Academic journal article East European Quarterly

The Contribution of Post-World War II Schools in Poland in Forging a Negative Image of the Germans

Academic journal article East European Quarterly

The Contribution of Post-World War II Schools in Poland in Forging a Negative Image of the Germans

Article excerpt

Public opinion polls conducted in Poland in the second half of the 1980's revealed the image the Poles have of the Germans. The negative elements included (in order of frequency cited): haughtiness, conceit, arrogance, megalomania, contempt for Poles, overconfidence, a fascist past, aggressiveness and hostility toward other nations, racism, nationalism, chauvinism, acquisitiveness, eagerness for conquest, noisiness, crudeness and coarseness, slavish obedience, and professional overeagerness.(1) The Poles' perception of East Germans did not differ significantly from their perception of West Germans: in 1985, 34 percent of the respondents regarded the Federal Republic as the country with the most evil intentions toward Poland. The GDR was in fourth place in this category and was the only member of the Warsaw Treaty Organization considered by the Poles more as a potential enemy than as an ally.(2)

In the context of the Polish negative stereotype of the Germans, it is worth mentioning the results of one more public opinion poll, which was conducted on the occasion of the East German leader Erich Honecker's first visit to the Federal Republic in September of 1987. Almost half of all Poles saw the possibly closer cooperation between the two German states as negative and disadvantageous to Poland.(3) The reasoning behind this perception was fear of: increased military danger (43.1 percent - the typical response within this group was, "They will surely demand the change of Polish frontiers."); endangering of the peaceful order in Europe and of rebirth of the "Drang nach Osten" (17.8 percent); the repetition of the tragedy of September 1, 1939 (4.7 percent).(4)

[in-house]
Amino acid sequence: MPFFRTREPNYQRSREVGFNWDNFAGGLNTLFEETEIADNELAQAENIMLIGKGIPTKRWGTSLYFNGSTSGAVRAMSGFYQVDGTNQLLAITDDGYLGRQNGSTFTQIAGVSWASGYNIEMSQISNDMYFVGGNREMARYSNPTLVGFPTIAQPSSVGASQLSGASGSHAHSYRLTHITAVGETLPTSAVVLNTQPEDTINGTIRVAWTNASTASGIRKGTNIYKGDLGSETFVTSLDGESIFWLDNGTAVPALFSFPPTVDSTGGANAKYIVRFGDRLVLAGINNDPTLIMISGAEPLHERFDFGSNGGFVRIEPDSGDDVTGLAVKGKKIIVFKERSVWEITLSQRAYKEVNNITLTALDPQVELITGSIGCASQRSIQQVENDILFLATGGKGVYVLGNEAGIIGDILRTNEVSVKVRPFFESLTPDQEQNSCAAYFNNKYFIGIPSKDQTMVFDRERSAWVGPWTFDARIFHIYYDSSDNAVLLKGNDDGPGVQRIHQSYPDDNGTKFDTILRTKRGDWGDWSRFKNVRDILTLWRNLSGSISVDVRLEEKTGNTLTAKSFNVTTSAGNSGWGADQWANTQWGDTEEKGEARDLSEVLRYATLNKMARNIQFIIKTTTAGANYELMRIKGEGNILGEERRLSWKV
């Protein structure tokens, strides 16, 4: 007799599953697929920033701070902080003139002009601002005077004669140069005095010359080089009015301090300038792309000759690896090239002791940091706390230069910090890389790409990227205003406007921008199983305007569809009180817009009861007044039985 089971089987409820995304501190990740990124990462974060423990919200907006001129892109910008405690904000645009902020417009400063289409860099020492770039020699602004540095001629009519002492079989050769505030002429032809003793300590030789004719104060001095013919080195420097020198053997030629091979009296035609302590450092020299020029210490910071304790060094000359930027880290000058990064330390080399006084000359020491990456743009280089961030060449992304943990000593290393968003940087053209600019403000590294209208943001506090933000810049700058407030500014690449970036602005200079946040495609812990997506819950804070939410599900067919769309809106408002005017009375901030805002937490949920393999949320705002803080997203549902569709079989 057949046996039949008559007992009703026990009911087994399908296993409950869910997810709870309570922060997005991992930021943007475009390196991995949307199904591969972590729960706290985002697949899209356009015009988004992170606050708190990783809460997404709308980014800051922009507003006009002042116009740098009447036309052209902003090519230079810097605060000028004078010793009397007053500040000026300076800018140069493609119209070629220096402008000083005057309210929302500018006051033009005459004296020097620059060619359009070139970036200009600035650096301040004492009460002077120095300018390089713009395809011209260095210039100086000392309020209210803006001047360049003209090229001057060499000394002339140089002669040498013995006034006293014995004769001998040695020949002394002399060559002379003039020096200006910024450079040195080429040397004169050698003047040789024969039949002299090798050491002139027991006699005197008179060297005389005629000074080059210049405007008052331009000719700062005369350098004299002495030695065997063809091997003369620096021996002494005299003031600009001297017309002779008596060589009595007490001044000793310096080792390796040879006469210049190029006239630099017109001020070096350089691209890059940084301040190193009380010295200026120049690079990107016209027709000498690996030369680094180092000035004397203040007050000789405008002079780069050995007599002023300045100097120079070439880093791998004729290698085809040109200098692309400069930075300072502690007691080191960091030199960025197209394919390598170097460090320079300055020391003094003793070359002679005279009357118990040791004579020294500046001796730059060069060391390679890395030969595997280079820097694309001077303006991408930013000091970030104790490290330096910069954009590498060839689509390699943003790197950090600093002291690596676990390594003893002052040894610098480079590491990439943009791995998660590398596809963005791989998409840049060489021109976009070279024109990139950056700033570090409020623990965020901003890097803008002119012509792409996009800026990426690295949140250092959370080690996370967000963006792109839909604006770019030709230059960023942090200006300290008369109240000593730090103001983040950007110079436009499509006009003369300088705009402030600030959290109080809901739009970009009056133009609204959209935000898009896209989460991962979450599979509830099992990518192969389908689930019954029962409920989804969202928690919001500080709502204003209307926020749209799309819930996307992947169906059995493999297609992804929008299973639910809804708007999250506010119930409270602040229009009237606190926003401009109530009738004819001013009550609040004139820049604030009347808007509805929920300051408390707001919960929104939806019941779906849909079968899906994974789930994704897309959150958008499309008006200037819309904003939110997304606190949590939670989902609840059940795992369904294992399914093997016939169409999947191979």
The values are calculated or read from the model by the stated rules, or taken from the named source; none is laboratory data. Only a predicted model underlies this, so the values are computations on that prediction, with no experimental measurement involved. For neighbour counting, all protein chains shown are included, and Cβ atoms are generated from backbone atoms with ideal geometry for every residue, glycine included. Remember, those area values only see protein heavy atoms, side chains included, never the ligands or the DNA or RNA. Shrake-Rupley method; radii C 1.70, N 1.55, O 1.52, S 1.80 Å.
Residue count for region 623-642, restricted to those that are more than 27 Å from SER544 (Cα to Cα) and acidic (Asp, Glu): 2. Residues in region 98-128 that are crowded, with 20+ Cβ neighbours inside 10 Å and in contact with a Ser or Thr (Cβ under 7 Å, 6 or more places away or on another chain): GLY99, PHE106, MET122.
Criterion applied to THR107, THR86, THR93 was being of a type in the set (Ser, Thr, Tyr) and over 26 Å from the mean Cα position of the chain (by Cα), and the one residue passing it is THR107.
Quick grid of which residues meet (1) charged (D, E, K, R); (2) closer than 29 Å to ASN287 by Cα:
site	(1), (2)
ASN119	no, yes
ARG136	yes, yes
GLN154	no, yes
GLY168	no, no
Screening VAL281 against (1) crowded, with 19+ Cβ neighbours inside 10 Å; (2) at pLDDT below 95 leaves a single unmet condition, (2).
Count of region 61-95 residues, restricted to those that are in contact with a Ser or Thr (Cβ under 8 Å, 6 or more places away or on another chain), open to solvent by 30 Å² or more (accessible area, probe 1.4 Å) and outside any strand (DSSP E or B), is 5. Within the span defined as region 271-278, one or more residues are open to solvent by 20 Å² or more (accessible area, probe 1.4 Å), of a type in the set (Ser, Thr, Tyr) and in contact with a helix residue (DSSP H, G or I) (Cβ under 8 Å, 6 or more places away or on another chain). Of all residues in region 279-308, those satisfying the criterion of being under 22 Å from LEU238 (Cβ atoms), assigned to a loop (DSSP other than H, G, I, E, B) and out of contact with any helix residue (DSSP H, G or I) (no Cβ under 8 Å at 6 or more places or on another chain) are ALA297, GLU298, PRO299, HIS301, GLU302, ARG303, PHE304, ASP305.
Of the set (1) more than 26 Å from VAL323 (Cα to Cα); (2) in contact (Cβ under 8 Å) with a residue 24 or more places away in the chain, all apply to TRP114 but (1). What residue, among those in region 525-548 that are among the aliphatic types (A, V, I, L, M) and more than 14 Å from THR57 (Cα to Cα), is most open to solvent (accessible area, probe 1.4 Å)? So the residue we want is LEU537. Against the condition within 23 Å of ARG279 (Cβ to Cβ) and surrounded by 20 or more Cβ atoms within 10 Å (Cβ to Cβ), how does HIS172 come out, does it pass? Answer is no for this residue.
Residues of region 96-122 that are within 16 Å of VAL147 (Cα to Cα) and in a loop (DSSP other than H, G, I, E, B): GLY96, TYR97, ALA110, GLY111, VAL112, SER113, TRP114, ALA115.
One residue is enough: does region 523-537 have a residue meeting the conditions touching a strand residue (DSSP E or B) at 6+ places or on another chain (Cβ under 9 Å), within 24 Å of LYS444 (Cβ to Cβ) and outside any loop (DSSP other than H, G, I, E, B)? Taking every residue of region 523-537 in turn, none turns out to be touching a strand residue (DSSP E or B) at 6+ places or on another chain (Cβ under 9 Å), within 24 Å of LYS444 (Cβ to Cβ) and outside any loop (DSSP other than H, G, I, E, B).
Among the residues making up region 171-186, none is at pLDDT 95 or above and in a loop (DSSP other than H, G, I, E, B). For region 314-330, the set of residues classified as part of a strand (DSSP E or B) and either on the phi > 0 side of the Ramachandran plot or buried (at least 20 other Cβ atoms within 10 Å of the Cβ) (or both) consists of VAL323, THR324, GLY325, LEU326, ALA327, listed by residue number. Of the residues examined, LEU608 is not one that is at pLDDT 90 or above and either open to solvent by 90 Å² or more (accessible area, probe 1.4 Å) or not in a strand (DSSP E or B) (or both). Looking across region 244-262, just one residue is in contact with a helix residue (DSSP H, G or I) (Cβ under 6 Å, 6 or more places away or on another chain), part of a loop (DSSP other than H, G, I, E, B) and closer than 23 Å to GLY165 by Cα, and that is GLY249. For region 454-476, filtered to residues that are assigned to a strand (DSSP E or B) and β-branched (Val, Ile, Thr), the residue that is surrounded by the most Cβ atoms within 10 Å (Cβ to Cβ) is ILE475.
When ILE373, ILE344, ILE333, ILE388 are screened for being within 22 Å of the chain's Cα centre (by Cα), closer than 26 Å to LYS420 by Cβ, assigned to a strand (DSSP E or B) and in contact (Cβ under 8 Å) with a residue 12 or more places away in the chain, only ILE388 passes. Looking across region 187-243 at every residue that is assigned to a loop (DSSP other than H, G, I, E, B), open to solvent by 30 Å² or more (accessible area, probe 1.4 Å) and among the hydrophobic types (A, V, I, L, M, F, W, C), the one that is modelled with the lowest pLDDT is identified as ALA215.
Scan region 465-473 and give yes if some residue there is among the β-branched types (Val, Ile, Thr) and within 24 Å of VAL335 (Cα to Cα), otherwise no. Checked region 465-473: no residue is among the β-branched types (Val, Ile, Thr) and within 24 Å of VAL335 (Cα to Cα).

Thus it is not surprising that on the eve of October 3, 1990, German unification, more than 55 percent of Polish respondents openly declared that they did not like Germans, 70 percent feared Germans (while only 10 percent were afraid of Russians), and more than 40 percent questioned the Germans' right to self-determination and unification. At the same time, 70 percent of the respondents claimed agreement with the famous Polish saying that "as long as the world exists, the German will never be a brother to the Pole."(5)

What factors are responsible for the decisively negative image the Poles have of the Germans and for the formers fear of the latter? The first thing which comes to one's mind is the nightmare of World War II, during which more than six million Polish citizens perished. The second part of the answer is, however, that to ensure its continuance in power, the communist government in Warsaw for almost four and a half decades did its utmost to etch in the Poles' minds the allegedly ten-century long German enmity. The territorial revisionism in the Federal Republic, the communists in Warsaw claimed, was its most recent embodiment. The People's Poland used all tools available in the authoritarian state to achieve its goal. This paper discusses one of them, arguably the most effective one: the elementary and secondary schools.

As will be exemplified in the course of this study, the Polish students learned that Germans, in relations with other nations and in particular with Poland, were always the same: they sought to expand eastward at the expense of the Poles and other Slavs (the famous Drang nach Osten); when faced with the latter's resistance, they made numerous attempts to exterminate the people living east of the Oder River. Hitler's undertaking only added to the earlier forms of extermination the most hideous one: genocide. Hence, the ten centuries of Polish-German relations were full of life-and-death struggles. (Parenthetically, the Polish students were taught that all of German history was full of the unceasing conquests of foreign lands, unscrupulous plunder, foul murders, and barbaric devastation of Germany's neighbors. Regardless of the era, Germans were described as extremely cruel, eager for conquest, very aggressive, destructive, and the source of their neighbors' tragedies and suffering. …

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